The property includes a guest house in the back that could serve as income property. It’s about 900 square feet and includes a kitchen, bedroom, bath and living room.
Another rarity in the house is a full, finished basement which currently holds a pool table and chairs as well as a bathroom and the home’s gravity heating system, which is original to the house.
The backyard features a large slate-bottomed saltwater pool and a koi pond.
The home’s seven bathrooms are mostly all original save for upgraded fixtures; most have the Art Deco-style tile work lending a bright and sunny atmosphere compared with the dark and masculine stone and granite walls and floors that you’ll find in many modern homes.
The woodwork in the house is original and in great condition after the Browns had its 107 solid-mahogany doors and 80 mahogany-trimmed windows all stripped and refinished. Also kept in great condition are the original rare tiger’s eye oak floors.
The house has three upper-floor balconies; two in the back of the house overlooking the grounds and the front one, added by Brown, off the master bedroom, giving panoramic views down the coast, looking out over Belmont Shore.
“When you’re a business owner, you do a lot of pacing,” said Brown. “This is where I do my pacing.”
He said he has mixed feelings about selling the house. “There are a lot of memories in this house. I raised a family here,” he said.
As did Dianna and Robert Bixby, however briefly. The couple’s family included a daughter, Lillian, and three years later, a son, Robert.
Lillian was 5 and Robert 2 on Jan. 2, 1955, when Dianna, 32, and Bob, 41, were flying in separate planes out of Long Beach Airport on a routine flight down to La Paz on the Baja California peninsula to pick up produce.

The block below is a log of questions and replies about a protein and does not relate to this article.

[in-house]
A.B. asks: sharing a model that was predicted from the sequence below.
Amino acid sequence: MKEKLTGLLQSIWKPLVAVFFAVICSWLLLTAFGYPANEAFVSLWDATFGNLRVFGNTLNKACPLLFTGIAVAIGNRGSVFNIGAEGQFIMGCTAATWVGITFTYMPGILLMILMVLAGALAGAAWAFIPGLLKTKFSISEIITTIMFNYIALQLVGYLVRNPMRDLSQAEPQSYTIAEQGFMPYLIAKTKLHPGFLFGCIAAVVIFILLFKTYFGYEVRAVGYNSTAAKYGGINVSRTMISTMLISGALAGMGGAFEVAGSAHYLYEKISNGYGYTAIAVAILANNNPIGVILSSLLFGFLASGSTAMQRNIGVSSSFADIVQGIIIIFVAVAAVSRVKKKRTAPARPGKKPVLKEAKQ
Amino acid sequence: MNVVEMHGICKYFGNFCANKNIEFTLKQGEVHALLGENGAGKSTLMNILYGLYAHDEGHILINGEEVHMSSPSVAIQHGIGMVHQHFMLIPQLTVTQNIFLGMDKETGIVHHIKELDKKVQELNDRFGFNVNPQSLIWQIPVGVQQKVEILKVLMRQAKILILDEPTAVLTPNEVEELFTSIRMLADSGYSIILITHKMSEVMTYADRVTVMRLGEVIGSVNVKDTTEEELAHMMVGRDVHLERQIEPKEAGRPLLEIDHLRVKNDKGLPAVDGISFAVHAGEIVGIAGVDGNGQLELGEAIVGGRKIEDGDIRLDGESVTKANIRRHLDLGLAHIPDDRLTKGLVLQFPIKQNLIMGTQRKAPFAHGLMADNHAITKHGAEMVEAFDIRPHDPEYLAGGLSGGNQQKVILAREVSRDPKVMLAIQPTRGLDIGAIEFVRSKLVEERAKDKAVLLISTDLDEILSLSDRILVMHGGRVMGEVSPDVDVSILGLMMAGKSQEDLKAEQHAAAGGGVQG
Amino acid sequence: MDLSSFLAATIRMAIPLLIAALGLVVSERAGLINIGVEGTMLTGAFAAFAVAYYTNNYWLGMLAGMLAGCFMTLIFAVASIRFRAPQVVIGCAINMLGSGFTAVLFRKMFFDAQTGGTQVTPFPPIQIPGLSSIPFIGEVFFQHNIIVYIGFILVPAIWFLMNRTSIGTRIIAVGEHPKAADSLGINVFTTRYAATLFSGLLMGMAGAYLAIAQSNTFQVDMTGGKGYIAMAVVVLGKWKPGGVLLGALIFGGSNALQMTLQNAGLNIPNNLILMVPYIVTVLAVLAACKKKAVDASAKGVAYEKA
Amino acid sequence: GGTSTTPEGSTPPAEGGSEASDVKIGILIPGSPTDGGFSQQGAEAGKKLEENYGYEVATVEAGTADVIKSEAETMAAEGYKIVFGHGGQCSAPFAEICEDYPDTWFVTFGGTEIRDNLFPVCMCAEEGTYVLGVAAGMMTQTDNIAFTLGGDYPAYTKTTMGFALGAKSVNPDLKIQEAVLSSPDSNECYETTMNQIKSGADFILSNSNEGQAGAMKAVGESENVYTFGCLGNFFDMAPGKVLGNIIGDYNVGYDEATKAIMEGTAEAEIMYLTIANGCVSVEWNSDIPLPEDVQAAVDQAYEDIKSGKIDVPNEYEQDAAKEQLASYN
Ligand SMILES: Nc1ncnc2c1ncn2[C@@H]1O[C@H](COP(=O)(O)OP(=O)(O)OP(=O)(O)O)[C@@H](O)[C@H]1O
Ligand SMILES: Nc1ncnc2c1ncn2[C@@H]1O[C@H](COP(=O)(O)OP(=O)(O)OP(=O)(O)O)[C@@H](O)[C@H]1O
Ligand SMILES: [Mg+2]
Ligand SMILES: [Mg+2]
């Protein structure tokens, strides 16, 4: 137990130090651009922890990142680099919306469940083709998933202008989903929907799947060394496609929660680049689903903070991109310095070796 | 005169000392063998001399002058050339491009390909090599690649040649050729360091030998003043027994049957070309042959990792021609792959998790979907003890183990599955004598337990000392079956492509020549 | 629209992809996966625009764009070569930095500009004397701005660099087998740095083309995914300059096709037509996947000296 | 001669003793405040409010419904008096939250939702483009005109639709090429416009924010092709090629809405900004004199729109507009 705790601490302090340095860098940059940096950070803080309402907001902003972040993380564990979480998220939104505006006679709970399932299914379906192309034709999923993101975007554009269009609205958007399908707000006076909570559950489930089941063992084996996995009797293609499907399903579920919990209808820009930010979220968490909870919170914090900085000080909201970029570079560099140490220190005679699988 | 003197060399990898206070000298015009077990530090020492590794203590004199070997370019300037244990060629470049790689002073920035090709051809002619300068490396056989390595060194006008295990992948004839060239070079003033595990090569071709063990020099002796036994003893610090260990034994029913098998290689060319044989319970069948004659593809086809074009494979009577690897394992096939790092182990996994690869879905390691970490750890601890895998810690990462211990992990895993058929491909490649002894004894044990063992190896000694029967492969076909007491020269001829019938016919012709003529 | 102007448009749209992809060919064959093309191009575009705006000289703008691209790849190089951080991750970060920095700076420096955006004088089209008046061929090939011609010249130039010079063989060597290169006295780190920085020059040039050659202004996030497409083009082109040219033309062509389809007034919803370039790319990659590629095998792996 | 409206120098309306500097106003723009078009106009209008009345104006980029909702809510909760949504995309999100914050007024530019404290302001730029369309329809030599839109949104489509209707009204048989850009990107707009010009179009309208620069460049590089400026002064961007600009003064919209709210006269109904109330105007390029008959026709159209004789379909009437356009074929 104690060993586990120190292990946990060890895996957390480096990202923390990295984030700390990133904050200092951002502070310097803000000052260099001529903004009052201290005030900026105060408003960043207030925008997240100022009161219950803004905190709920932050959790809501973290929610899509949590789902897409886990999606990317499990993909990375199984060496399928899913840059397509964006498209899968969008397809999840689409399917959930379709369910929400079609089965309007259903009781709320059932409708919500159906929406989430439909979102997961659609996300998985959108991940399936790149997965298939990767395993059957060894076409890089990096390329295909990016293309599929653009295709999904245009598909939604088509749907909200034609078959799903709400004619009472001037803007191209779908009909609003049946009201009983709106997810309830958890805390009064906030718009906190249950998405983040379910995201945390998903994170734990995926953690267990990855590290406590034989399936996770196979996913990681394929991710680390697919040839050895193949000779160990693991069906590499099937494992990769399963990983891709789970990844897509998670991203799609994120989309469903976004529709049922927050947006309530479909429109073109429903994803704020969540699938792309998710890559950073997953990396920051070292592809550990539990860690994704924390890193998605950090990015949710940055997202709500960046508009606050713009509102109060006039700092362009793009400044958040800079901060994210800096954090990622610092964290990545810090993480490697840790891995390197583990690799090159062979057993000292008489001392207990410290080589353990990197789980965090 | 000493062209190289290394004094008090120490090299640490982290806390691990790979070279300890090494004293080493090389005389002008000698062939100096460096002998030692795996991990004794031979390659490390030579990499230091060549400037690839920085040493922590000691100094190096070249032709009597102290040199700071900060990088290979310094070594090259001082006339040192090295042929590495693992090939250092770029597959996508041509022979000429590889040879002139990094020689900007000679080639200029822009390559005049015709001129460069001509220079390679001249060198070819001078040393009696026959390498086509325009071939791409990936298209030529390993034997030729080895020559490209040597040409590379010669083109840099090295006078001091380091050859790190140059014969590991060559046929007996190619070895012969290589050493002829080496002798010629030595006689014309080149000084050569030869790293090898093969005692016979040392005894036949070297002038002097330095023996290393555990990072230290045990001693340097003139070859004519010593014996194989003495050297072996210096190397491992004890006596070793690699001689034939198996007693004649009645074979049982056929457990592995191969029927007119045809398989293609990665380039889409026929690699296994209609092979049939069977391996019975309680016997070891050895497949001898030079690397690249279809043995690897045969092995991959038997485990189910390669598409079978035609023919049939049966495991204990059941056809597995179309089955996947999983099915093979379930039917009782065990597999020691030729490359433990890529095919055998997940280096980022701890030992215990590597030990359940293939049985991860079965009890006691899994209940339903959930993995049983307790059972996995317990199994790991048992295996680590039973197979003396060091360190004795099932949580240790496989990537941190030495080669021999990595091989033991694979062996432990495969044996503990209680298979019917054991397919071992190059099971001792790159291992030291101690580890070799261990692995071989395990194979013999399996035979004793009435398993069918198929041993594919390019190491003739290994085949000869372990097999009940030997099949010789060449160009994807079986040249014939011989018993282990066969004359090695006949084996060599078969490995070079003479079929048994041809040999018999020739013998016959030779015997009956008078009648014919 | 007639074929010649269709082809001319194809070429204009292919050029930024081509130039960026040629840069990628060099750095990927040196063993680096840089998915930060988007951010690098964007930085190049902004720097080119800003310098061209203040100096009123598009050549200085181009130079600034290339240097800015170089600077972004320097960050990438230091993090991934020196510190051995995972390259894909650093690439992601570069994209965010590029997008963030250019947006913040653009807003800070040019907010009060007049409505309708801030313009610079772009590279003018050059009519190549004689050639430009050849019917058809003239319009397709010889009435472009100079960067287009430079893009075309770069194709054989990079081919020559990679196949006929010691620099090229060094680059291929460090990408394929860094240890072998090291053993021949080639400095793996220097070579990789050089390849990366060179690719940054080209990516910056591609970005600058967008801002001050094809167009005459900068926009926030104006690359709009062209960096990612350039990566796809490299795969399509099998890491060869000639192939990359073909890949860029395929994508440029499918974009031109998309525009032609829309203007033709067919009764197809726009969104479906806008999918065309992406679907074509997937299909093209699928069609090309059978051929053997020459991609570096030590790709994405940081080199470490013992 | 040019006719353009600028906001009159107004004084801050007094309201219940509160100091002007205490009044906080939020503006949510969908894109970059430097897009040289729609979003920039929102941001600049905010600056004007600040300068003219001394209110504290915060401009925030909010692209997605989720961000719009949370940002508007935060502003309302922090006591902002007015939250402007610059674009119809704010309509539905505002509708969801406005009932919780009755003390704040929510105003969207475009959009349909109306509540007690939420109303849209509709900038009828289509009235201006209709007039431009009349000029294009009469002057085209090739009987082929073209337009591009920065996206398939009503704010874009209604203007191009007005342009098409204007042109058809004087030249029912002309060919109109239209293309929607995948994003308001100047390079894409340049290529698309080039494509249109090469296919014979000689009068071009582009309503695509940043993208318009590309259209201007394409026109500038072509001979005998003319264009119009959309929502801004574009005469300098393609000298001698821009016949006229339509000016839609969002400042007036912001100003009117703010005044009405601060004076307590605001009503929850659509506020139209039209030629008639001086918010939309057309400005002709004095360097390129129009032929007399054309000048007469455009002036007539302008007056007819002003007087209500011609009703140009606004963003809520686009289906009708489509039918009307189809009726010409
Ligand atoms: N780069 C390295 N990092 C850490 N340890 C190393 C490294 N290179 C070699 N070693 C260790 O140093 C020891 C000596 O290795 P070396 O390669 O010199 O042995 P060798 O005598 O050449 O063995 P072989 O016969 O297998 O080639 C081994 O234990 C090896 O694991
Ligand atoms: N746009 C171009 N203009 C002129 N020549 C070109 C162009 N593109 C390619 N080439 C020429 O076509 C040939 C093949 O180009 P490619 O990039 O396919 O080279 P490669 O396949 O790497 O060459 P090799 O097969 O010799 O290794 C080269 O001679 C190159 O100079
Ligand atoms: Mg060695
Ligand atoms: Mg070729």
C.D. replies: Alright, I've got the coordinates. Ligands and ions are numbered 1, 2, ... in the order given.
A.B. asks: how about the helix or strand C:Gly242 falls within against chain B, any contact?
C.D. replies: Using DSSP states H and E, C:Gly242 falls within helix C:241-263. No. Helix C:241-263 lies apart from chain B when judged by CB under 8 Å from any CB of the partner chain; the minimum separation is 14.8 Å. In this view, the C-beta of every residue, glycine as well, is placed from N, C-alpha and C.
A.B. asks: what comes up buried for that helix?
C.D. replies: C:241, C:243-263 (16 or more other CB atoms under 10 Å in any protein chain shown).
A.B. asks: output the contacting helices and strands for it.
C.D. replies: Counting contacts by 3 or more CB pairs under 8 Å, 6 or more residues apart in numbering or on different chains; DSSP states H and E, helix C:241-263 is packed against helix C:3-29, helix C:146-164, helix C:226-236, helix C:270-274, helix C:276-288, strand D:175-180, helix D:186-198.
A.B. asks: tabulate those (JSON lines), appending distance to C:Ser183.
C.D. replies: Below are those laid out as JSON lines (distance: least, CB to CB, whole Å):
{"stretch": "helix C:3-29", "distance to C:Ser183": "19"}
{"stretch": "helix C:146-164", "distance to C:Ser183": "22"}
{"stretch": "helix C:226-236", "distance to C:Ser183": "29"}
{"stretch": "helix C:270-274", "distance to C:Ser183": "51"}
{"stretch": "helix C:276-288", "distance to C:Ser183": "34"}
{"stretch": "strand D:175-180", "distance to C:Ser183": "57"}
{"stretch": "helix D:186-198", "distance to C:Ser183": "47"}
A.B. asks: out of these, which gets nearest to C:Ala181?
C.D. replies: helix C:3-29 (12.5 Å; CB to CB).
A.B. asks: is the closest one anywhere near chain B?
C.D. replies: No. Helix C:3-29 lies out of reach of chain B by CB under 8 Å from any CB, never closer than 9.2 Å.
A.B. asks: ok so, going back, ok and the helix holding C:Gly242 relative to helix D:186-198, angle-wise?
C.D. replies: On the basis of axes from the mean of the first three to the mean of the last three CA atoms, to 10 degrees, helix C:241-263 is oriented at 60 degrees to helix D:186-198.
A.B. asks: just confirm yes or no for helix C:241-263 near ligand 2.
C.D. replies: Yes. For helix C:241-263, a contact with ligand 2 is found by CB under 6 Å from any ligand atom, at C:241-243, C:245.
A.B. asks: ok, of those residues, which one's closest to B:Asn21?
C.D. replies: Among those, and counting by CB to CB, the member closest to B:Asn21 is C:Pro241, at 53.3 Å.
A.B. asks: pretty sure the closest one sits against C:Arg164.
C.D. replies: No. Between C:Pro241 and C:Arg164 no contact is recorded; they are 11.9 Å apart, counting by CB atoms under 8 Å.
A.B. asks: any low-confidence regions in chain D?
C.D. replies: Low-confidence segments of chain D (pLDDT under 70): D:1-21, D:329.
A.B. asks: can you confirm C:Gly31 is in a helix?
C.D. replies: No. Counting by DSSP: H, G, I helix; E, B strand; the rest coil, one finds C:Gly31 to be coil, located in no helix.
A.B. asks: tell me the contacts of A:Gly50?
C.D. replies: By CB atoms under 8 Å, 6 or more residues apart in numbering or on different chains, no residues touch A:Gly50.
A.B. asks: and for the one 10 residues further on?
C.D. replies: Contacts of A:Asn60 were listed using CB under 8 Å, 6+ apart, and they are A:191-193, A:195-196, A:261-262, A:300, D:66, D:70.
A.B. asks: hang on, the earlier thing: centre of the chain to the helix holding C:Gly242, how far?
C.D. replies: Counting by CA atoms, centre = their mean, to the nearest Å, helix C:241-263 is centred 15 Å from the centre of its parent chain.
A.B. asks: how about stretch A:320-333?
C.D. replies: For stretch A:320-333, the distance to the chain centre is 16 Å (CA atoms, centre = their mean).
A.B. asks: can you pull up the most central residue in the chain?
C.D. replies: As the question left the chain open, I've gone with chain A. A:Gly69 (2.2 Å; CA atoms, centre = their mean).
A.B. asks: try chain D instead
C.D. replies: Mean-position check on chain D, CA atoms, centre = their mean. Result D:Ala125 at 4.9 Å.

Well down the peninsula, near their destination, Dianna radioed Bob to say she was running out of gas and was going to attempt to find a place to land. Bob was about an hour behind her and he advised her to locate a field to set down, before he lost radio contact with his wife.
He spent the balance of the day flying over her last known location, but could find nothing and returned to Long Beach, where he set off once again in the morning to continue the search.
A Navy diver, flown in on a Coast Guard plane to assist in the search, brought up Dianna’s body from the converted A-20 Havoc bomber submerged in the rocky waters of the Gulf of California, about 150 yards off the southern tip of Lower Baja.
Her lifeless body had been found still strapped in the pilot’s seat.
Her tragic death was reported on the front page of newspapers across the country.
Dianna Bixby was survived by her husband and their two children, Lillian, 5, and Bob, 2. She was buried in the family cemetery at her parents’ ranch in Santa Paula, where she was born.
Robert died on Oct. 30, 1993 in Sanford, Florida. His obituary in the Orland Sentinel noted, simply, “Mr. Bixby was a pilot.”